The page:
Equity Release by Region

RegionAverage AgeAverage Equity Released
East Anglia72£74,705
East Midlands72£58,345
London72£157,750
North72£53,527
North West72£55,058
Northern Ireland72£50,814
Scotland71£51,884
South East72£97,879
South West71£77,201
Wales72£53,826
West Midlands72£60,345
Yorkshire & Humberside72£77,745
Source: KeyAdvice

Equity Release: Is It Safe?

When you’re shopping for an equity release plan, look for a provider who is a member of the Equity Release Council. ERC members are obliged to offer a “no negative equity” guarantee, which means that you can never owe more than the value of your home.

It is also very important to discuss your equity release plans with any family members or lodgers who live with you, as at the end of the term they will not have the right to remain in the property.

Equity Release: Can I Save Protect Inheritance?

Some lenders may let you ring-fence a portion of your home’s value to ensure that you have an inheritance to leave to your family. No matter how large your debt becomes, this share of your property won’t be used to pay off the lender.

However, this is not a facility offered by all lenders and it could reduce the amount of equity you have access to.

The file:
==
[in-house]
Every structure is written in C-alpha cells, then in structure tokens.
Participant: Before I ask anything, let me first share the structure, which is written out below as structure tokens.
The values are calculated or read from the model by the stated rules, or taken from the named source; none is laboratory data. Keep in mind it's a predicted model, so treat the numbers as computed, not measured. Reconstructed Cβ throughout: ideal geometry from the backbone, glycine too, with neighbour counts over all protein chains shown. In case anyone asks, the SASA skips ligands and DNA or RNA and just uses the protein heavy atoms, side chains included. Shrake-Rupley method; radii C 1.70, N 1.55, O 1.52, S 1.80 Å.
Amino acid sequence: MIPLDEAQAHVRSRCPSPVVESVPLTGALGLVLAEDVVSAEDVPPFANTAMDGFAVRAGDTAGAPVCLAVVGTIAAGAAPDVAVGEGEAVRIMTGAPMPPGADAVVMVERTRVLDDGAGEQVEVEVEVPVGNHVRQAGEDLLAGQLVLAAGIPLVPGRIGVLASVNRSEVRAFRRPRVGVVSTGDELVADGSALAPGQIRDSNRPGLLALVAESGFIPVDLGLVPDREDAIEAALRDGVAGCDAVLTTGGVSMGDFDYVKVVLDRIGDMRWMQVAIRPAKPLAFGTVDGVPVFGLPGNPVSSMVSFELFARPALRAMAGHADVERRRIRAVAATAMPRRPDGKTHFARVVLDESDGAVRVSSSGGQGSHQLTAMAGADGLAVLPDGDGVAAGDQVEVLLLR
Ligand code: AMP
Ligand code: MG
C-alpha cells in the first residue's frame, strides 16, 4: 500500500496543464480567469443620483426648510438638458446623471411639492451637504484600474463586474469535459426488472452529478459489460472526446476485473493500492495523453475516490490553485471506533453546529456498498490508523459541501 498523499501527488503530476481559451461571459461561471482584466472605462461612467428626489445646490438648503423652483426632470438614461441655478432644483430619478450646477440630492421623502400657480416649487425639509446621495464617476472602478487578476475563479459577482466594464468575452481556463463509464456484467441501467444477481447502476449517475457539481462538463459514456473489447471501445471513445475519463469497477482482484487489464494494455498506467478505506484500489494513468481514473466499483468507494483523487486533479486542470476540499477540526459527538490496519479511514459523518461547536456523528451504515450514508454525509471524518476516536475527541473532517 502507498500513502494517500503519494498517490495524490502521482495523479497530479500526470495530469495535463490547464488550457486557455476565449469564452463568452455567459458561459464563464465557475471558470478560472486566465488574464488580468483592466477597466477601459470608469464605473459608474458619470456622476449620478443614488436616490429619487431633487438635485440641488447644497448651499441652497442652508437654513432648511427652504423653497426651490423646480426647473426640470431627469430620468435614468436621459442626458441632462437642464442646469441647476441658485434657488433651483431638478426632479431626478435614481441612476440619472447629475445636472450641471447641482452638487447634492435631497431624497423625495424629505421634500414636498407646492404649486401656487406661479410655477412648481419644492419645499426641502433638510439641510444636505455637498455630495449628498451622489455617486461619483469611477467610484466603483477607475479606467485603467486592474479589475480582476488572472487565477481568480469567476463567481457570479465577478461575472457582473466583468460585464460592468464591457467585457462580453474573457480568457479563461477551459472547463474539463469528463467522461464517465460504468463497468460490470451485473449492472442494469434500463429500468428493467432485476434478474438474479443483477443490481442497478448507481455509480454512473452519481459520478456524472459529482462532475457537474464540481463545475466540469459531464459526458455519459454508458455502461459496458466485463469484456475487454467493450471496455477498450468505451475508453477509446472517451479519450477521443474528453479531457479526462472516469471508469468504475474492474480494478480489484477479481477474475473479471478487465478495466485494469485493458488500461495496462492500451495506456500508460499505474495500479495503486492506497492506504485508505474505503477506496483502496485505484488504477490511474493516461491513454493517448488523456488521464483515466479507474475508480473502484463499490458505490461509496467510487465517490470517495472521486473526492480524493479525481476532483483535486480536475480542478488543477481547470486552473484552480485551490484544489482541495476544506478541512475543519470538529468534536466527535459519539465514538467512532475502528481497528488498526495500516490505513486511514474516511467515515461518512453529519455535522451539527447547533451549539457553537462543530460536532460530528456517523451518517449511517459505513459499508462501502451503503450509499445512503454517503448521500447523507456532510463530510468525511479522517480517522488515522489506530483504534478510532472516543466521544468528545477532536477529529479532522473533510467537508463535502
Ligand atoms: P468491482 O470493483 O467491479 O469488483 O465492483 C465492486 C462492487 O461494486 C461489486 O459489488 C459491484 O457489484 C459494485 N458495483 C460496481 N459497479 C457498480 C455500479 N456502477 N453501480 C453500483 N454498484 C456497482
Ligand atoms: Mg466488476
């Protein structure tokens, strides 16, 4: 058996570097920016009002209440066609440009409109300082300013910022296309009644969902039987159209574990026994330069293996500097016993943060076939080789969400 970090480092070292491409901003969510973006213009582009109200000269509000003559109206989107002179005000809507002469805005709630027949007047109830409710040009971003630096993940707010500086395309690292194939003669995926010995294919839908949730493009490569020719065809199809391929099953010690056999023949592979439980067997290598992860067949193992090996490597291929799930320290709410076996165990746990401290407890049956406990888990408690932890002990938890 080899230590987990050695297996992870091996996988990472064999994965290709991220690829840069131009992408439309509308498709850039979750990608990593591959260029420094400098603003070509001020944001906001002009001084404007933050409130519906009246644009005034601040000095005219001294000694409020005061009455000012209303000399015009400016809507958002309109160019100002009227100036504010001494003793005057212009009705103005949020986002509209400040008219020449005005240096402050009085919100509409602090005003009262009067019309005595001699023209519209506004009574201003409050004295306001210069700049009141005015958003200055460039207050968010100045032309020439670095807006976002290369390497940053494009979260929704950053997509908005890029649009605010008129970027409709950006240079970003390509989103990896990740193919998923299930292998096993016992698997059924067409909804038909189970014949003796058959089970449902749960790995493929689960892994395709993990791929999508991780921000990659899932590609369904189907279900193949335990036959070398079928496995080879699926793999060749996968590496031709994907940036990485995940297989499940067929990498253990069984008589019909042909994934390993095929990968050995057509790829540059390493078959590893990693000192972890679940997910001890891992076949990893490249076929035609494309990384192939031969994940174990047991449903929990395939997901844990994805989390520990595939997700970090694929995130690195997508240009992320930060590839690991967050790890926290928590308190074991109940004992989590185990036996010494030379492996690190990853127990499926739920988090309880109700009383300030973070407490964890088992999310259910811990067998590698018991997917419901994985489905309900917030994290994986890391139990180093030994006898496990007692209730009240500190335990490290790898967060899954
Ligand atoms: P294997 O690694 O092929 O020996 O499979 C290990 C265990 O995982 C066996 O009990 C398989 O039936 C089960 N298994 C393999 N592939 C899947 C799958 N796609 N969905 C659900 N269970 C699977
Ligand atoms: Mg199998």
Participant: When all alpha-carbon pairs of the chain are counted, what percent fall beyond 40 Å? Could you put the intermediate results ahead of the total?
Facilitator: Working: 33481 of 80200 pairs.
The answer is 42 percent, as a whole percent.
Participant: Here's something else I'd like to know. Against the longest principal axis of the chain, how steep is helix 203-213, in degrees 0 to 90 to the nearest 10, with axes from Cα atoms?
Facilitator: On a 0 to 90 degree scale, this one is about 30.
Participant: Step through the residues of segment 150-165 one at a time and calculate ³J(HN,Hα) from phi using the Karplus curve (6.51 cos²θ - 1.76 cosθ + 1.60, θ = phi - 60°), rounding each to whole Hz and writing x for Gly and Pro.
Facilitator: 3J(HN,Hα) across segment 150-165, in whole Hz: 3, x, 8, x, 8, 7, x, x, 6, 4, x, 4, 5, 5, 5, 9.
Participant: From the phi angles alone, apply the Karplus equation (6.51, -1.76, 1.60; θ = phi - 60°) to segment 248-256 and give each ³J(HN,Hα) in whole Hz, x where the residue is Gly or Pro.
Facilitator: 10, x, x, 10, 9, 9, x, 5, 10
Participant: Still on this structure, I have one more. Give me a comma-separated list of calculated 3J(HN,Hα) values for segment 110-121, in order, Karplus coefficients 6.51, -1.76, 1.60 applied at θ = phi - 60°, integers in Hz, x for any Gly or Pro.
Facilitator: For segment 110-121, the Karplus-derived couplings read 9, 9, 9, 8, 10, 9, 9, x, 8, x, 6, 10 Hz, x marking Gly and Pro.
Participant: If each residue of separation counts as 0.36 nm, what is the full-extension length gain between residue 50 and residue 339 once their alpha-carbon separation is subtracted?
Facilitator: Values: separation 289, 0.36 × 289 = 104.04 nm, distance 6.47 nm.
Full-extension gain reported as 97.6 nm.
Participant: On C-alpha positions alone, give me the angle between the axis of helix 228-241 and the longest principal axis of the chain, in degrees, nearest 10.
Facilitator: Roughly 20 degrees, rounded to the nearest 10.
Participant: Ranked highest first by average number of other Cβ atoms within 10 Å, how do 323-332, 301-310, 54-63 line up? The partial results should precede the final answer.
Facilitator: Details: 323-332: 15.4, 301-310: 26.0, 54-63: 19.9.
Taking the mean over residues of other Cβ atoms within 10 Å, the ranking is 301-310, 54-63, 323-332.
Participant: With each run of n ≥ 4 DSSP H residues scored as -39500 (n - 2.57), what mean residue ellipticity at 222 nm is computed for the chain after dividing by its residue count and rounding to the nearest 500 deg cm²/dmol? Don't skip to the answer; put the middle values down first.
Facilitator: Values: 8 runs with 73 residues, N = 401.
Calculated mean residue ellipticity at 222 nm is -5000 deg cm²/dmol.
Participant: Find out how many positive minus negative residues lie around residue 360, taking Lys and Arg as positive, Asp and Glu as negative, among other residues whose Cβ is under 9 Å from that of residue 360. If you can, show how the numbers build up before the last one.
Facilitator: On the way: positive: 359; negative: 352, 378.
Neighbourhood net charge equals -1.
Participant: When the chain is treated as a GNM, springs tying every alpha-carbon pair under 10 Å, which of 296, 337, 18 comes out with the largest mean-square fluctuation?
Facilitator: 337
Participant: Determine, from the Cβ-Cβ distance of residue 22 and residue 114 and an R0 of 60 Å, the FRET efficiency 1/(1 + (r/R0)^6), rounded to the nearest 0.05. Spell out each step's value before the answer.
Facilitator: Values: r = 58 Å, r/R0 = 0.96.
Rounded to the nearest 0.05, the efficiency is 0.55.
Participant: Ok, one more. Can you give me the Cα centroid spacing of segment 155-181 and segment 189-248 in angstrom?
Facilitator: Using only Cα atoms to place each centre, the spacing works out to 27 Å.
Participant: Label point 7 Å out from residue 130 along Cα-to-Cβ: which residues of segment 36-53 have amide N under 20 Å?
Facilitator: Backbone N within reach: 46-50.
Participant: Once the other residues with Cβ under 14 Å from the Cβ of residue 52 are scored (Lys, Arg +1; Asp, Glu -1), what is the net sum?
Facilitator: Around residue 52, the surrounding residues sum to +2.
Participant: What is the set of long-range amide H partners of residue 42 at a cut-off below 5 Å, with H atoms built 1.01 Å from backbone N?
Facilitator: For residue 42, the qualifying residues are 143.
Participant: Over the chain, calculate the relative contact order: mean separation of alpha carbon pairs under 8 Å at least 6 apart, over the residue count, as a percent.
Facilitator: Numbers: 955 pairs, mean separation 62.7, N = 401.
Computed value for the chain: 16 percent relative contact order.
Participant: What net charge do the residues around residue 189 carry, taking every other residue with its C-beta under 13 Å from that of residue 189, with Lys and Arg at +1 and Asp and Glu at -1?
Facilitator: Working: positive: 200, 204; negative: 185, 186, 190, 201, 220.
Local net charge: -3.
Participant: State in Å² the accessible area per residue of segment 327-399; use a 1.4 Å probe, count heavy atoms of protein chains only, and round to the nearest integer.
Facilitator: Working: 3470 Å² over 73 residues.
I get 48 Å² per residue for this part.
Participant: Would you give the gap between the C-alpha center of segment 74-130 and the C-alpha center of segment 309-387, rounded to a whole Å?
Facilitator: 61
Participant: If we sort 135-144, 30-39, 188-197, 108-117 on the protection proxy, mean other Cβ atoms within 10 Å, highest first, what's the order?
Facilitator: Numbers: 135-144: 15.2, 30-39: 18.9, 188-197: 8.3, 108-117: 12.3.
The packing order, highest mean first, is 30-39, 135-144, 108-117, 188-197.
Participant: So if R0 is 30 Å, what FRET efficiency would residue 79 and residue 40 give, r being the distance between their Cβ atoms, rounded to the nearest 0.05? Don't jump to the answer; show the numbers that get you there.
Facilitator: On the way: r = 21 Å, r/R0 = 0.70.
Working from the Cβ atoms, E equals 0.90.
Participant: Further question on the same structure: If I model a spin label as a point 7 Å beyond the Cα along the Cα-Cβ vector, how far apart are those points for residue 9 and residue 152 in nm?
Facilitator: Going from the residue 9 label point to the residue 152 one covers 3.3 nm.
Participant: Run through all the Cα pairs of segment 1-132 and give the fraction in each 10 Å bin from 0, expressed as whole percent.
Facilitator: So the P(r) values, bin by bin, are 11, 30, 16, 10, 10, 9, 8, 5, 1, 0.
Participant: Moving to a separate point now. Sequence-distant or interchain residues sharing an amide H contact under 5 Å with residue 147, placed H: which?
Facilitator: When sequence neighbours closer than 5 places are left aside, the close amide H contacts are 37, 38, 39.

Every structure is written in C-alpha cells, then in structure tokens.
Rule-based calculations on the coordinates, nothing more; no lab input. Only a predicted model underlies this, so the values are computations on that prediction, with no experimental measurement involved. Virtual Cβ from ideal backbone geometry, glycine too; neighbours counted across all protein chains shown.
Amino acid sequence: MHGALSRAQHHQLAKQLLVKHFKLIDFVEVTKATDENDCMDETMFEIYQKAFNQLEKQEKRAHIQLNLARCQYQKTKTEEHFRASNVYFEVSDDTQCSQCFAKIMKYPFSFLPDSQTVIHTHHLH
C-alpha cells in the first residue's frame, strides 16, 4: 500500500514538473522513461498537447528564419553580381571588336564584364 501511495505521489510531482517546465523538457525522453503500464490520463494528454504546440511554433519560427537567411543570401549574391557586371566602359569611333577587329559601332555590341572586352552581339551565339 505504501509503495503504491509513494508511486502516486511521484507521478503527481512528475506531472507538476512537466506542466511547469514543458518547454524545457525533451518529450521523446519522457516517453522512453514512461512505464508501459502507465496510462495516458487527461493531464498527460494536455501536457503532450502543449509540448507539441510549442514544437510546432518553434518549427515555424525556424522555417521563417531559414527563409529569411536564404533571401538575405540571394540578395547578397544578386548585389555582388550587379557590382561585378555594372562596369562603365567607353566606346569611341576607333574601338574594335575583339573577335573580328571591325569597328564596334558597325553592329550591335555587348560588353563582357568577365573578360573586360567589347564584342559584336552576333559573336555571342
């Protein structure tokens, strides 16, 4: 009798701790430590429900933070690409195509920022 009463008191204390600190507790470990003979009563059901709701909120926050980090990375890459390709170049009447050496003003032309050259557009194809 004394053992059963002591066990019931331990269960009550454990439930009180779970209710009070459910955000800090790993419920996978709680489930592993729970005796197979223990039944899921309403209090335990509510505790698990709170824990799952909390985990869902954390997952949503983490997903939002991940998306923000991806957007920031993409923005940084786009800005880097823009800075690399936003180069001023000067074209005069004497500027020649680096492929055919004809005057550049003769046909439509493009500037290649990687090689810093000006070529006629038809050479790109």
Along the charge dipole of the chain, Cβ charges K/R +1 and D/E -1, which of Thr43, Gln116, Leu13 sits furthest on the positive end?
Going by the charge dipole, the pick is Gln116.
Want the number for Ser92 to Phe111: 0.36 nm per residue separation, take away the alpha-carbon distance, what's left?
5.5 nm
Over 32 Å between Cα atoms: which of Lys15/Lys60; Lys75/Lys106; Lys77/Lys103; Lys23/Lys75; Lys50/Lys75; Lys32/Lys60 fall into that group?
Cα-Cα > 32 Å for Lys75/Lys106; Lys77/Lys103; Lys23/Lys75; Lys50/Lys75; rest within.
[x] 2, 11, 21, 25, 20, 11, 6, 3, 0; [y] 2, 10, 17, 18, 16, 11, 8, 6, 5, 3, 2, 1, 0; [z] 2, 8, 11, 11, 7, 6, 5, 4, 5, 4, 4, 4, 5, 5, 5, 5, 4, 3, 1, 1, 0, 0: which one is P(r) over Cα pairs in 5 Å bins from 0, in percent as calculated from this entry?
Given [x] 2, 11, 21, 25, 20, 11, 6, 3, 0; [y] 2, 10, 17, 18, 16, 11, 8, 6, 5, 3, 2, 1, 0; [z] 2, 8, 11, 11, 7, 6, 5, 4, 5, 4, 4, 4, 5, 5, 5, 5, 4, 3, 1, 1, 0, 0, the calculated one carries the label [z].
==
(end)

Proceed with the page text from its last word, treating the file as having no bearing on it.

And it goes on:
Equity Release: What Happens if I Change My Mind?

Once you have taken out an equity release plan, it can be very expensive to pay off your loan early. Many lenders charge early repayment fees as high as 25%. For this reason, it is very important to consider equity release carefully before signing up to a scheme.

How Can Equity Tree Help?

Here at Equity Tree, we have partnered with some of the UK’s leading Equity Release broker companies.

They have already helped thousands of people release equity already, and they can do the same for you.

Choosing an independent adviser means they won’t recommend a scheme unless they are sure it is in your best interests. Their advice is also regulated by the FCA, which gives you an additional layer of protection.

If you would like to speak to one of these equity release companies, click on the below and answer the questions.

Len Burgess
Len Burgess
Len Burgess is a successful digital entrepreneur and founder of LBLK Publishing which specialises in Financial content. Len has been writing professionally on financial and business topics for 5 years before starting Equity Tree.